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How investment platforms work

Learn how investment platforms can provide a one-stop shop for DIY investors

In this article
What is an investment platform? What does 'execution only' mean? What investments can I buy on a platform? Which Isas do investment platforms provide?
What else do investment platforms offer? What will I be charged for using an investment platform? Where can I read reviews of investment platforms?

What is an investment platform?

An investment platform, sometimes called a fund supermarket, allows investors to buy and hold a range of investments in one place online, and sometimes with a smartphone app.

Investment platforms often provide extensive research and information, such as investment news, historical and recent performance figures and analysis of the investment styles adopted by fund managers. Some platforms also allow you to invest via the phone.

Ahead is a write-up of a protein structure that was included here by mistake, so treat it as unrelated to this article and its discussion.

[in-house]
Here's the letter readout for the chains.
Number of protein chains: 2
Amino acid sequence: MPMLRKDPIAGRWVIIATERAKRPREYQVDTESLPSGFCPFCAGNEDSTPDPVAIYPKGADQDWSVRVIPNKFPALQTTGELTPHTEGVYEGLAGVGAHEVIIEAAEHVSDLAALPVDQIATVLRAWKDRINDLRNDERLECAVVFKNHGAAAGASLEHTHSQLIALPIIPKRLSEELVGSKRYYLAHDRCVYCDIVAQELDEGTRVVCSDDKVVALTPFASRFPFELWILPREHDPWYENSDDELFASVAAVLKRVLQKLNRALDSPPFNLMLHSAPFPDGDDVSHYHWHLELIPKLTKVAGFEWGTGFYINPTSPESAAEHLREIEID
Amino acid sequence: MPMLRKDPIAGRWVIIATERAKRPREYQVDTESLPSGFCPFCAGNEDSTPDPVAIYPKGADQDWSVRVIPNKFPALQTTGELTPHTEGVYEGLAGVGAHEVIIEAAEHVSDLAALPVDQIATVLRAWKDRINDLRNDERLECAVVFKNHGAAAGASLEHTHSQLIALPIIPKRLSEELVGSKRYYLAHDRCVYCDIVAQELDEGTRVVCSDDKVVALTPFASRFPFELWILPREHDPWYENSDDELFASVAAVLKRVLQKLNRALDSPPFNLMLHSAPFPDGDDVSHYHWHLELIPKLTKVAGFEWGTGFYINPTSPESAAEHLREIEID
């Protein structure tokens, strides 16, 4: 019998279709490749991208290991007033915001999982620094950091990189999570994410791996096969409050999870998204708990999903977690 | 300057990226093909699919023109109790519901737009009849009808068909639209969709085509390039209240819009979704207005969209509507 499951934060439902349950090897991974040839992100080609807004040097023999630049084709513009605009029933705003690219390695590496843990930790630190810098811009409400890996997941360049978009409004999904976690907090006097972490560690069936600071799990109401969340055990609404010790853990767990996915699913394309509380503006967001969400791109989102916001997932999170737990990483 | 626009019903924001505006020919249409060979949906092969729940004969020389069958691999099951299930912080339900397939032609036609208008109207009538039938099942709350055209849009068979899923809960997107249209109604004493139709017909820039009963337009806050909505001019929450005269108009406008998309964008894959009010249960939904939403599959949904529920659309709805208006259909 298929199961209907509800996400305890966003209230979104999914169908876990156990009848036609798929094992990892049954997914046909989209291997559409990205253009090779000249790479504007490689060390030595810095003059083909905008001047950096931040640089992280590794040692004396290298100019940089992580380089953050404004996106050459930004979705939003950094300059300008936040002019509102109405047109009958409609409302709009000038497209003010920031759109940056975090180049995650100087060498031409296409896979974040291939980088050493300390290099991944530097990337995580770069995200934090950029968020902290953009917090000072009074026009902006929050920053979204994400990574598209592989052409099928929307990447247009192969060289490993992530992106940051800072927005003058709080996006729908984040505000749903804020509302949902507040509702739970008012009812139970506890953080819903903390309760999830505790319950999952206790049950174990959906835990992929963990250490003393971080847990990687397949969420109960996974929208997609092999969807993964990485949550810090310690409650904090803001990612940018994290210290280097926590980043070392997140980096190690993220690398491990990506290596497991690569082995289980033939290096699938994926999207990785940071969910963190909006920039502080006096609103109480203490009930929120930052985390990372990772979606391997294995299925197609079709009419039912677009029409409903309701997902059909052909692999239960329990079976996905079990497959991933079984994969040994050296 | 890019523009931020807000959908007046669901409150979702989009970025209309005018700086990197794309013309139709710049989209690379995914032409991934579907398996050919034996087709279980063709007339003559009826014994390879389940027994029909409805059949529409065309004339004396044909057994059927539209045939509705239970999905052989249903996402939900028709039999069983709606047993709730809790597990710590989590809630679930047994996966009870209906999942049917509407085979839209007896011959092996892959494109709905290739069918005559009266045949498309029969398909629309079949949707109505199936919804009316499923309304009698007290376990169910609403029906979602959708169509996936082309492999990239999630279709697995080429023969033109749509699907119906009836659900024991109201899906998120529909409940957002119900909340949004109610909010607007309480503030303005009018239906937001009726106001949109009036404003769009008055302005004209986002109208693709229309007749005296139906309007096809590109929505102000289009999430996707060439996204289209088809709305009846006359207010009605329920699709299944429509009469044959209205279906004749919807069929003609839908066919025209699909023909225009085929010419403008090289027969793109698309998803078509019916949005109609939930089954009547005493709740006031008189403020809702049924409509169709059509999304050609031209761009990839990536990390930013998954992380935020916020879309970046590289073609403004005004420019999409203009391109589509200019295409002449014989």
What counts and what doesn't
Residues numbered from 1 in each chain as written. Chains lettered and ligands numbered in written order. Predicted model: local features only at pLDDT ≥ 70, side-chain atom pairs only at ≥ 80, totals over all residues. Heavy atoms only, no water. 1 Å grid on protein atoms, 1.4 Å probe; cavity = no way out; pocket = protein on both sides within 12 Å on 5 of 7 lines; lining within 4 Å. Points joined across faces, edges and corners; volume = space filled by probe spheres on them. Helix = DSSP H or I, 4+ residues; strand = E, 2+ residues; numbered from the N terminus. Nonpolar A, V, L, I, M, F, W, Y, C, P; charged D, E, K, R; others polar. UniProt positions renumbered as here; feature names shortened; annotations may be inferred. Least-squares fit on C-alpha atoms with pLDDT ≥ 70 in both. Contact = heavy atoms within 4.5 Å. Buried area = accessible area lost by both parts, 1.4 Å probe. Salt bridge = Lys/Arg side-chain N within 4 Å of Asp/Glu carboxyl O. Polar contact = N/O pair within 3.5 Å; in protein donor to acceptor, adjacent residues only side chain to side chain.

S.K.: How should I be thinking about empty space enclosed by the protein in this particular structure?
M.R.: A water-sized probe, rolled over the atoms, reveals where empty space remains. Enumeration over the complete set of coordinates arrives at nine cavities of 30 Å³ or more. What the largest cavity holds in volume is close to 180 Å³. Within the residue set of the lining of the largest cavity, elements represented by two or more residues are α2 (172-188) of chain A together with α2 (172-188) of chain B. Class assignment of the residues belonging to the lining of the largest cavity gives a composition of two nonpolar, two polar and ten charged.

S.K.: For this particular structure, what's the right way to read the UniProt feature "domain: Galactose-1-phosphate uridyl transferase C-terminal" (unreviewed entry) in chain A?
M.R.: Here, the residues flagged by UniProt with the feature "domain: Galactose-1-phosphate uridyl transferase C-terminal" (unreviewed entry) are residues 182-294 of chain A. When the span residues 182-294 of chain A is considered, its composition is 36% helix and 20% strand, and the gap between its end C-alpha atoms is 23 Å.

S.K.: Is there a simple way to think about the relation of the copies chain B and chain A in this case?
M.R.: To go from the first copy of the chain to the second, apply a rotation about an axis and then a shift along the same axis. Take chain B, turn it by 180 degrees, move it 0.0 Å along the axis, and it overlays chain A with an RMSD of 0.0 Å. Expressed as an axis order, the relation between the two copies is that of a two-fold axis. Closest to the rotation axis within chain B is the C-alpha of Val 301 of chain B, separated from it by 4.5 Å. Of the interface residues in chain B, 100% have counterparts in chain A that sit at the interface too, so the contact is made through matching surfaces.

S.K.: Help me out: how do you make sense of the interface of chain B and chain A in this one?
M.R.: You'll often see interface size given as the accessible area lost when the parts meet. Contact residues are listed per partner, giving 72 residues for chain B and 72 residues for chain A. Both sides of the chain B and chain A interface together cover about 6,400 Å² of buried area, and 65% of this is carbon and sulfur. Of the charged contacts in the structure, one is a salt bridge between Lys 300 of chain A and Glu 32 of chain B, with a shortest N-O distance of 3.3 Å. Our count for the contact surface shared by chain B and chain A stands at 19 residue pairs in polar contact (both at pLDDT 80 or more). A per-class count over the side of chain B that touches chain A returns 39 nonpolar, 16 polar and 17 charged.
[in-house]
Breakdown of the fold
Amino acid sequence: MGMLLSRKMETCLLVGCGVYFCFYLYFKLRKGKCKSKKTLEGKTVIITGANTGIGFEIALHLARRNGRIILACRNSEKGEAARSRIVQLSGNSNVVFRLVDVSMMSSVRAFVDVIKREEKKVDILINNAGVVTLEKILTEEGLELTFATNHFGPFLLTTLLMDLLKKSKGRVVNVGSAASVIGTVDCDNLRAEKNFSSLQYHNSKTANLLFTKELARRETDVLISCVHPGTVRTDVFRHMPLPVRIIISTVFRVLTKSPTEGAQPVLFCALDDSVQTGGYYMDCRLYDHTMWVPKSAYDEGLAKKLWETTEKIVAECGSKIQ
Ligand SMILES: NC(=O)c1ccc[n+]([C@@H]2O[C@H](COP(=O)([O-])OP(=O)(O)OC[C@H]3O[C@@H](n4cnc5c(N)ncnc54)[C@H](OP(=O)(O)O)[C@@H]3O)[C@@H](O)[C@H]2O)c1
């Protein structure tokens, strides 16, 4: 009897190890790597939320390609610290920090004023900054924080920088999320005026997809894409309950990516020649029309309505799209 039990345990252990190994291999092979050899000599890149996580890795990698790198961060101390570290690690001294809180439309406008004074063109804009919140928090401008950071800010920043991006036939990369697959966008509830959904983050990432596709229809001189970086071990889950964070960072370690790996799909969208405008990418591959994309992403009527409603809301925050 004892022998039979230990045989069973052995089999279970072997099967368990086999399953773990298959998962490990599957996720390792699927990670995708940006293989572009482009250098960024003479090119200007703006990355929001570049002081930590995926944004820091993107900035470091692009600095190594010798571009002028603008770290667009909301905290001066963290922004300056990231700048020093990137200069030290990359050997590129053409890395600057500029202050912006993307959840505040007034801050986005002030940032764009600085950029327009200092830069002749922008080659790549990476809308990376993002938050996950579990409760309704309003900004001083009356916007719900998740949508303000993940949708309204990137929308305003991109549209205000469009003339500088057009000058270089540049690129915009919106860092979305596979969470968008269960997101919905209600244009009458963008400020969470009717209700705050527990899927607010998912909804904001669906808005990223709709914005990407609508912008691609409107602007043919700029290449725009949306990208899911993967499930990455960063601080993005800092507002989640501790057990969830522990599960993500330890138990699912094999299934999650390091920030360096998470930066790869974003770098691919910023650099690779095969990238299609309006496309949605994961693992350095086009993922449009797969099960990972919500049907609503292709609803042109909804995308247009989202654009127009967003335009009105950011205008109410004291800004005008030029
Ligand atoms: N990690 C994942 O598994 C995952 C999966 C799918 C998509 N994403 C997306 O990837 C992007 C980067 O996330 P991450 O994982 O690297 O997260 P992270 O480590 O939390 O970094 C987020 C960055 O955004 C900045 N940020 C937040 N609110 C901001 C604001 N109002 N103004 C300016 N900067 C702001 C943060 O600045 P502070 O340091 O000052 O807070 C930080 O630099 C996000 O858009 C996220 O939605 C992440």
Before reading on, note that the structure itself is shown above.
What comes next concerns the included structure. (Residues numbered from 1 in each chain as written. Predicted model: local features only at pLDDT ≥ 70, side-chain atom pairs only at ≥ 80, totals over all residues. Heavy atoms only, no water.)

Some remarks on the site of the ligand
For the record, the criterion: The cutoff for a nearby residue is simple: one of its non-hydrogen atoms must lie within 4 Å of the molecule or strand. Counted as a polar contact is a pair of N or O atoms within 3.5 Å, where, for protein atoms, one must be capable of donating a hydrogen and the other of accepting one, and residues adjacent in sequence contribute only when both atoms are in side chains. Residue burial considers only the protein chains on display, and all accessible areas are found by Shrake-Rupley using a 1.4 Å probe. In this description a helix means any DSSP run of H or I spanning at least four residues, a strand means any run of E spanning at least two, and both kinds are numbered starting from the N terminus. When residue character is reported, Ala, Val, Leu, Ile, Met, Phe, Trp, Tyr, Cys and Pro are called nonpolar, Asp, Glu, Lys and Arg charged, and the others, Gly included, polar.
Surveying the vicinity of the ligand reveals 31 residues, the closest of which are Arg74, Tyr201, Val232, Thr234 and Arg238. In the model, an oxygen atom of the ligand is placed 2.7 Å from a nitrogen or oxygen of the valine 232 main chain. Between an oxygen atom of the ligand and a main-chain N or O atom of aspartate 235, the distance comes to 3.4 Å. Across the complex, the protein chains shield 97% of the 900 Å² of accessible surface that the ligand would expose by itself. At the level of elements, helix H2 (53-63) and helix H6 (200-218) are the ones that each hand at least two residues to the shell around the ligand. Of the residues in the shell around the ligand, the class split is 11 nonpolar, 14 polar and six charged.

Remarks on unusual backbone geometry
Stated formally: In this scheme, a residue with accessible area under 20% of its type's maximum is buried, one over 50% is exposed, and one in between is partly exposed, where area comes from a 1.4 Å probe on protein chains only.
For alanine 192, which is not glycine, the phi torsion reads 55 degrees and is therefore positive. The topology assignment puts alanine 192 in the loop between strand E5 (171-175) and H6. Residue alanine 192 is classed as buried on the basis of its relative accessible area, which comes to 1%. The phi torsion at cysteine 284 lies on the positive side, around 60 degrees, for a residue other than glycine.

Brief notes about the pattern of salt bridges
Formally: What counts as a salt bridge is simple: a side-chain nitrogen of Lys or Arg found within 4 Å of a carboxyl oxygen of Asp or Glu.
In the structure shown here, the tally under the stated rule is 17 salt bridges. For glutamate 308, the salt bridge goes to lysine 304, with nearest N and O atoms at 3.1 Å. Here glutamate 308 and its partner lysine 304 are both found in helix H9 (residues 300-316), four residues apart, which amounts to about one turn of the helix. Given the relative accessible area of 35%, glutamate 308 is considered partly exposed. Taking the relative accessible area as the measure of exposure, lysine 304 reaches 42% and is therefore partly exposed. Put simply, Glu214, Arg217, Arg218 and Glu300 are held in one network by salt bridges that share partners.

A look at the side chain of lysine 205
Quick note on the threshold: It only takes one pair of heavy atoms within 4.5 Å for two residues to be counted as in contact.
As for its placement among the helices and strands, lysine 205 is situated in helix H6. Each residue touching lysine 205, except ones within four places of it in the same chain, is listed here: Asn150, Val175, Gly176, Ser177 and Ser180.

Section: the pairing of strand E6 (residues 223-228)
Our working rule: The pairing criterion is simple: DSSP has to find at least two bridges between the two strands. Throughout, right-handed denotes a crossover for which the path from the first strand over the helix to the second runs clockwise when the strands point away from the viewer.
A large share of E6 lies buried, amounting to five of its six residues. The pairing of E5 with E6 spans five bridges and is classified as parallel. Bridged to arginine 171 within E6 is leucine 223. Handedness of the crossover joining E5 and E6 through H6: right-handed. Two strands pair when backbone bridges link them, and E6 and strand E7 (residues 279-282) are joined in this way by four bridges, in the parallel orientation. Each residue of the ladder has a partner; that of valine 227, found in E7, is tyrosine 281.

The crucial point is that investment platforms are designed for people who are making their own investment decisions. This is referred to as ‘execution only’.

What does 'execution only' mean?

The Financial Conduct Authority describes 'execution only' as a 'transaction executed by a firm upon the specific instructions of a client where the firm doesn't give advice on investments relating to the merits of the transaction and in relation to which the rules on assessment of appropriateness do not apply'.